Address the other person’s perspective:
I know you’ve relied on me to take care of this while you focus on the kids and household. It’s been so great watching you with the girls. I’m so glad you’ve been able to stay at home with them. Being the best parents we can be is important to me and I don’t want to compromise on that in any way if we don’t have to.
By including the other person right at the beginning, you’re letting them know that you’re aware of them and of their thoughts and feelings. You’re assuring them that they matter, too.
Define the problem:
Hon, I am embarrassed to say this but I don’t think our income is going to cover expenses for much longer. I am not sure how we’re going to do this and I think we are going to have to make some changes or sacrifices.
By including your feelings in this, you are giving the person all of the information, not just the facts. Of course this is vulnerable but this is the kind of honesty that will keep you connected while you problem solve.
Ask for help in finding the solution:
Would you mind looking at the numbers with me? Am I missing something? I need a second set of eyes on this. I could use your perspective and need your help in finding a solution.
Get on the same side as the person. Yes, you may disagree on potential solutions but by inviting their input and perspective, you’re letting them know you see them as part of the solution and you are assuring them that they absolutely have a say in how things go.
Be clear about your non-negotiables when suggesting your solution:
As we figure this out, I need you to understand that I am losing sleep over this. I know this is a struggle everyone has but I need us to figure out a way to increase the money coming in or decrease the money going out. I’ve been thinking that we might need you to return to some kind of part time work while the kids are in school.
This is where it gets tough and where you will feel like you might throw up. However, more often than not, the conflict starts here because people aren’t clear about their non-negotiables. If you’re going into the conversation knowing what you need as part of the outcome (Here, an increase in income or decrease in spending) say so. Don’t pretend it isn’t true or else when the other person responds with ways of decreasing your worry, you are going to end up fighting.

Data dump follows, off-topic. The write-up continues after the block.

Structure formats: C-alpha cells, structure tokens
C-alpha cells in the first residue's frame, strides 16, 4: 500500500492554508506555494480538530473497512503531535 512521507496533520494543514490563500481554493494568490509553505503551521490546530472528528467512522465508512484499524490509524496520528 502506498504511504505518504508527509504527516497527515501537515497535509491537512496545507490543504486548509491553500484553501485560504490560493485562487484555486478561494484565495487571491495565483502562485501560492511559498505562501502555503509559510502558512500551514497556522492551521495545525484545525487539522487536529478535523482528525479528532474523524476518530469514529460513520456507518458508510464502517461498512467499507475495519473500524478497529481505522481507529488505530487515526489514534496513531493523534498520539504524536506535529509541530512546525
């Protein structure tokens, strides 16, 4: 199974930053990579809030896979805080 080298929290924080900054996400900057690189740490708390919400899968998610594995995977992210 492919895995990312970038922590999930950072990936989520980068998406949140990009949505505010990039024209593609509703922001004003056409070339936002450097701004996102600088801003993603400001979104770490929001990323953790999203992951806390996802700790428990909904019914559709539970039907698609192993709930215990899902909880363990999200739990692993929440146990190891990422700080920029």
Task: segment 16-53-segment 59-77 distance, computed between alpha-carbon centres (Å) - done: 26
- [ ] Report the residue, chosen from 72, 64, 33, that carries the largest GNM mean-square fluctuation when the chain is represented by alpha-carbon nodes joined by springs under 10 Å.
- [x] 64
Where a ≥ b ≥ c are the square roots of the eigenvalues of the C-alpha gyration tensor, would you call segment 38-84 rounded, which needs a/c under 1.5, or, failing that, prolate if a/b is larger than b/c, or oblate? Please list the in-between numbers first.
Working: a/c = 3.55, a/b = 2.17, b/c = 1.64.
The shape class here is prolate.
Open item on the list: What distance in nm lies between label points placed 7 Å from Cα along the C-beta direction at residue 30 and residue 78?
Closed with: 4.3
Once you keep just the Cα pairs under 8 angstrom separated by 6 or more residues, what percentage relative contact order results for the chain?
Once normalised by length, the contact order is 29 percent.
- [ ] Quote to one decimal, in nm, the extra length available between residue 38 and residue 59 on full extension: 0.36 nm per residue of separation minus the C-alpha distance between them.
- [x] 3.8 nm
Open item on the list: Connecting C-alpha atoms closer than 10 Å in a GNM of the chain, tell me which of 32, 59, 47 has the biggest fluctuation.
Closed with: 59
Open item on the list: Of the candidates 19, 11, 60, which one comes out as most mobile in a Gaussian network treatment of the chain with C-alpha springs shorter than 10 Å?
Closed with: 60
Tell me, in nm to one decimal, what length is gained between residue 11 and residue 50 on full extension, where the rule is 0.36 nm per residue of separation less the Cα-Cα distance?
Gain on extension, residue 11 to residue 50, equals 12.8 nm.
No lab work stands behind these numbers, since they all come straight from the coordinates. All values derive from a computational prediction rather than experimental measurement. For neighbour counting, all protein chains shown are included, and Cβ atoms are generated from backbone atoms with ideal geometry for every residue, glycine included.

Allow the other person time to react without reacting, yourself:
I’m sure I am catching you off guard with this. This has been on my mind for a while and I am only just letting you in on it. I tried to protect you from the stress and burden but it’s just not working. We need to handle this together.
They might go into their own stress response. That’s ok. You had way more time to get ready for this talk than they did. Where they are right now isn’t where they will always be. Let them react and spin without jumping on them, even if they start with a flat out no. That might not be where they land.
Compromise and Negotiate:
Admittedly, you returning to work is an obvious answer for me but I know it might not be the only answer. What do you think? What are your ideas?
Stay calm and steady. Stay open to solutions. Negotiation doesn’t mean that you are hearing no, that your worries are being discounted, or that you’re wrong for being concerned. Compromise is coming together for a solution that works for both of you.
When one person in a relationship has a problem, two people have a problem.
Come together on it, strengthen your relationship and solidify your connection with clear, honest communication. Share your feelings. Listen to the other person. Work together to find a solution that meets both of your needs.
It’ll take a lot of words, for sure, but this is how you stay on the same page.
Originally published: Choosetohaveitall.com
About the Author
Heather Gray is an executive coach, therapist, and writer with 16 years of clinical experience. Heather regularly writes for Huffington Post, Entrepreneur.com, and LifeHack.org. She is also a Lead Editor and contributing writer for The Good Men Project.